The first part of almost any diagnostic protocol is a thorough history and a complete physical examination. When spinal injuries are suspected, a complete neurological examination is warranted. In cases of IVDD, the neurological examination will be consistent with a single, focal lesion in the spinal cord and will help the veterinarian localize the site of injury to a particular section of the spine. However, a neurological examination will not confirm whether intervertebral disk disease is the cause of the dog’s injury.
Regular blood work (a complete blood count and a serum biochemistry panel) and a urinalysis are not particularly useful if the sole problem is IVDD; the results of these “initial database tests” will be normal in an otherwise healthy dog. Sampling and assessing the cerebrospinal fluid (CSF) by way of a spinal tap can provide more helpful information, as can an electromylogram (EMG). Typically, CSF analysis is most useful to rule out causes other than IVDD, such as cancer, infection or inflammation from another source. Radiographs (x-rays) of the spine are almost always recommended and typically are performed under anesthesia or heavy sedation. Radiographs can reveal abnormalities in the vertebrae and the spaces between them that can help rule out IVDD, such as bone tumors, fractures, discospondylitis or other potential causes of spinal cord damage. Radiographs can also reveal narrowed intervertebral disk spaces that are consistent with, but not diagnostic of, IVDD.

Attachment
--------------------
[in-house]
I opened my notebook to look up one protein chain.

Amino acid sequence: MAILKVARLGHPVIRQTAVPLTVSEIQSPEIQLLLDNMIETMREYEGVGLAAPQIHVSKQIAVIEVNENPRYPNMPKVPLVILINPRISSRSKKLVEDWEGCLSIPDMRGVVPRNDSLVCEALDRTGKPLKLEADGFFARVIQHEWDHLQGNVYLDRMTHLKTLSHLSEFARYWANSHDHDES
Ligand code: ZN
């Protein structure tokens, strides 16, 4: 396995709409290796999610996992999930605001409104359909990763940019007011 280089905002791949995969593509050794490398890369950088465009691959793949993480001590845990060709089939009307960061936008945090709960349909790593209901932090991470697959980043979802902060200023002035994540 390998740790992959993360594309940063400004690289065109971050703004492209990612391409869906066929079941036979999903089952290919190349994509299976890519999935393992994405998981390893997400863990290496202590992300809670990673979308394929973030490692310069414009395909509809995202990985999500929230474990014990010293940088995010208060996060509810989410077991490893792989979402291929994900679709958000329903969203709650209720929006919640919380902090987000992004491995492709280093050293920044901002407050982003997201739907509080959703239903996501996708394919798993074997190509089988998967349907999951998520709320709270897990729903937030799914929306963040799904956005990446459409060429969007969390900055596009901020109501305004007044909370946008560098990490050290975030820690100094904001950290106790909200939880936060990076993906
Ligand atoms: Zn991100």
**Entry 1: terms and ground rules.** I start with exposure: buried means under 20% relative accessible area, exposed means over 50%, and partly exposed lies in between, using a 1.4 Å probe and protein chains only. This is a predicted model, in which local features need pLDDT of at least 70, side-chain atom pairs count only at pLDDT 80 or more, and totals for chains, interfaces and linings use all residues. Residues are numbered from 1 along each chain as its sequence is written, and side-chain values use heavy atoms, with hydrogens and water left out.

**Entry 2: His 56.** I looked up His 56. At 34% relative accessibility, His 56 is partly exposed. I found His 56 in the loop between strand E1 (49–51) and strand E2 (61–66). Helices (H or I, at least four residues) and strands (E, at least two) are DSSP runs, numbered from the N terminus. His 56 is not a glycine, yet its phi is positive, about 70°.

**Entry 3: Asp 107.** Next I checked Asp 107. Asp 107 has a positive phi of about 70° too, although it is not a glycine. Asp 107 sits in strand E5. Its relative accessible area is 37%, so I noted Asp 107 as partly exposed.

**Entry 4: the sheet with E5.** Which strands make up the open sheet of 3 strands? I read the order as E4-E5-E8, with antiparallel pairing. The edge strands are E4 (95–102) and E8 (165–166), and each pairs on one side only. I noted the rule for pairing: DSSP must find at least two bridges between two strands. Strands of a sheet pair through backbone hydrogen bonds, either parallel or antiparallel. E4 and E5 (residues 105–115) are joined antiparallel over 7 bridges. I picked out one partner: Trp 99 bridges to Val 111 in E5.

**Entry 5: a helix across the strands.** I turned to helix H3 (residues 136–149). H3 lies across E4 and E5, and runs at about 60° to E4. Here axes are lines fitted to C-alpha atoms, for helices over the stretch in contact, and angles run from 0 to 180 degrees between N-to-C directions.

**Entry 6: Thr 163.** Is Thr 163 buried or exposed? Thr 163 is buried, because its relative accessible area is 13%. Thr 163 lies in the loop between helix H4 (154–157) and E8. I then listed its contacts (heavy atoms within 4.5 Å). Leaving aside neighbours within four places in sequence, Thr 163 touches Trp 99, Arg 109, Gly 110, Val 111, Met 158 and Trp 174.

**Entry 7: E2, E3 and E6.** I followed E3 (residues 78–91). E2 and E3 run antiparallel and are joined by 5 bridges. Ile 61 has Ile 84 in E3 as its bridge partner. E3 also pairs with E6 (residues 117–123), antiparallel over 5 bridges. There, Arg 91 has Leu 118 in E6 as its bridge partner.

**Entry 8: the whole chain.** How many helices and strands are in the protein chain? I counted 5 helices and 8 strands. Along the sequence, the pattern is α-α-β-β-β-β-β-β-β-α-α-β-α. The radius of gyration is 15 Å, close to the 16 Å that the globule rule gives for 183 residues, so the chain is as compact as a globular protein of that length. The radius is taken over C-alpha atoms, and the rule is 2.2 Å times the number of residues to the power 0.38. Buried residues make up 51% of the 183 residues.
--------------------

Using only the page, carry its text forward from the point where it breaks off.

Another form of medical imaging that is indicated for most dogs suspected of having spinal cord damage is called myelography. This involves injecting a contrast medium directly into the spinal canal, waiting a specific period of time to allow that material to move through the cerebrospinal fluid within that canal, and then taking survey radiographs to look for any pressure points from bulging disk material. Disk herniation and spinal cord compression will usually show up with the contrast between the injected dye and the radiographic outline of the vertebral bones. Other advanced imaging procedures that can be highly useful to diagnose IVDD include computed tomography (CT/CAT scan) and magnetic resonance imaging (MRI). Myelography, CT scan and MRI are all advanced diagnostic procedures that are not routinely available at most general veterinary practices. They are, however, available at specialty veterinary clinics and at veterinary teaching hospitals affiliated with veterinary schools.
While the diagnostic process for dogs with neurological spinal injuries can be quite involved and usually requires the involvement of several different veterinary specialists, it is usually worthwhile. The prognosis for dogs with IVDD is generally quite good if treatment is initiated early in the course of the disease.